He added that to gain maximum efficiency would be through recycling water supplies and increasing the ability to pump more water out of the local basins.

CVWD does pump some water but also imports water from Foothill Water District which in turn imports from Metropolitan Water District of Southern California. Anytime water has to be imported the costs increase.

Erickson voiced his concern over past and future increases to residents’ water bills.

“In the last six years water costs have increased anywhere form 33% to 57%

depending on your cost structure. Our services have gone up 53%, our sewer increased 118%,” he said.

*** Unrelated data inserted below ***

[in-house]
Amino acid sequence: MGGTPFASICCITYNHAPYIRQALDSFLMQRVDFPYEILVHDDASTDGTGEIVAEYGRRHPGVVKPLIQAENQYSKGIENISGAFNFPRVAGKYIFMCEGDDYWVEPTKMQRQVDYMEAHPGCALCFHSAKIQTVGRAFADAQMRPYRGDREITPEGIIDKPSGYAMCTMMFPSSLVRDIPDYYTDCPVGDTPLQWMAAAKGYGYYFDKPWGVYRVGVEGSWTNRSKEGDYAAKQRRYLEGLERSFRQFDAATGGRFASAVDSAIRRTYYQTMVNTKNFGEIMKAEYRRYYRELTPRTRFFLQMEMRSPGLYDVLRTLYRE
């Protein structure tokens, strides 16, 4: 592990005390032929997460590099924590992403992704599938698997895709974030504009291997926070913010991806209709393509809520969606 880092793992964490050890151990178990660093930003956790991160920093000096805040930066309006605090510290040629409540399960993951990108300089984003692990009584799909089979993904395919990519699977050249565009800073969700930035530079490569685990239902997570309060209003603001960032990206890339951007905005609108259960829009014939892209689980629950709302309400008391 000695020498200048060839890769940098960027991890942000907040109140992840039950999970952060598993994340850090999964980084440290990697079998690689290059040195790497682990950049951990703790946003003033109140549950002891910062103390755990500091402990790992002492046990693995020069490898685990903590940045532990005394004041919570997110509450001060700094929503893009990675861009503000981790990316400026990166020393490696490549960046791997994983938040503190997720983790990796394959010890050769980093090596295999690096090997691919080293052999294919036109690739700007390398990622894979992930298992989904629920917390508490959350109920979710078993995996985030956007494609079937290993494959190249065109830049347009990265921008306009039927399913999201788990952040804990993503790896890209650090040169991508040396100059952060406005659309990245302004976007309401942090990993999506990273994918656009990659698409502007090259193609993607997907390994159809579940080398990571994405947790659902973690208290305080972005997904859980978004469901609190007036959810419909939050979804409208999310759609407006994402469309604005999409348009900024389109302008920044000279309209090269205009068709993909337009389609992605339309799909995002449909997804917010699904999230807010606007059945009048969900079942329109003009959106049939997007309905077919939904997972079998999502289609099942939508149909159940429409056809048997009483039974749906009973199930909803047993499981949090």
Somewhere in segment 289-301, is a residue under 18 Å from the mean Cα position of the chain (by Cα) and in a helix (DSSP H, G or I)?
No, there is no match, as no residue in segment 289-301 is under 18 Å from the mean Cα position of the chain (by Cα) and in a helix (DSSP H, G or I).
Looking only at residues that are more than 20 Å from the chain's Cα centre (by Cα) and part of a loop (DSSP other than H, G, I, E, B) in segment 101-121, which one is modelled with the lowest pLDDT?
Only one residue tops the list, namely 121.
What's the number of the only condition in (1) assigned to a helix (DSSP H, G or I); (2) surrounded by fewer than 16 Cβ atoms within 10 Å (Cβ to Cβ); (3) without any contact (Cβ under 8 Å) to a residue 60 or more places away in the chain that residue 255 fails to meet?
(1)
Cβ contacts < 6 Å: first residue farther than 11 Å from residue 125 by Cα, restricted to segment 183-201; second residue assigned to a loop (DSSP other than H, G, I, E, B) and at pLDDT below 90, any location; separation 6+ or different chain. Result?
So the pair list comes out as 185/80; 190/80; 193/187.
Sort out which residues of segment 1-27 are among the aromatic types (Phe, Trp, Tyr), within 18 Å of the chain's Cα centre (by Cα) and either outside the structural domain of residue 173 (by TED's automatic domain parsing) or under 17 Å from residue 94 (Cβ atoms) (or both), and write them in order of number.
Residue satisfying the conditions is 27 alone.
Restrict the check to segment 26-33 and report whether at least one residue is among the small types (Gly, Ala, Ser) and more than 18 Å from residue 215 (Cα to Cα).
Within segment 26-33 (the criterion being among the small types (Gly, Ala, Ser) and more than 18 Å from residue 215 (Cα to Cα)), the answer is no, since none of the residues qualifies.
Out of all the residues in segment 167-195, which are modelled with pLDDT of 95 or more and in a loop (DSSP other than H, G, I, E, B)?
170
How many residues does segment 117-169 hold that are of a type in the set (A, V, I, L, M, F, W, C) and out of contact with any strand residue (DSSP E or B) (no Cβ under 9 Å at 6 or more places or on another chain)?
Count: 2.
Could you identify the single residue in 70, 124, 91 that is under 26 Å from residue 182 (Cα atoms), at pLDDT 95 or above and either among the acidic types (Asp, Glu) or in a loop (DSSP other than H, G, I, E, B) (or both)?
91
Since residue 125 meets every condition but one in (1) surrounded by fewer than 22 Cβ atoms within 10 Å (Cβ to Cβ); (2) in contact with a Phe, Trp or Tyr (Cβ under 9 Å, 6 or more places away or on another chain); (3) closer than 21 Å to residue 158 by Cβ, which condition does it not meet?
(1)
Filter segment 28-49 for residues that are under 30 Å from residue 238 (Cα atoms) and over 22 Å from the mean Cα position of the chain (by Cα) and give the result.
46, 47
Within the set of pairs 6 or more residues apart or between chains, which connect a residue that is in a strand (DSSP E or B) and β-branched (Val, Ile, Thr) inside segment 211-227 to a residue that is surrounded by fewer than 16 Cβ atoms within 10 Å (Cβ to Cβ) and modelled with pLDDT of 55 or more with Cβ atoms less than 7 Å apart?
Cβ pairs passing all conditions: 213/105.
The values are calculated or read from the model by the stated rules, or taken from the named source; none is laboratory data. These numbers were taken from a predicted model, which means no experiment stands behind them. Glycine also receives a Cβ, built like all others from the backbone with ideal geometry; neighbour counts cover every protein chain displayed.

And another proposed rate hike is pending as well as a possible mandatory mandate by the state of a 20% water reduction, he added.

Bodnar set cost control as one of his goals as well.

“I will manage cost and provide fiscal responsibility to our district,” he said.

All touted their qualifications for the board; several candidates have engineering degrees and have worked in the water district for years. Atwater, Beatty and Yardemian spoke about their experience on the board and their long time commitment to the community. They have had a front seat in the state’s drying out due to California’s multiyear drought and understand what the future will hold.

Smith said she will use he experience derived from her knowledge of construction through the construction company she and her husband own. Bodnar has a degree in engineering and works at Metropolitan Water District. Erickson said his technical and management skills he used at Jet Propulsion Laboratory would be of value as a board member.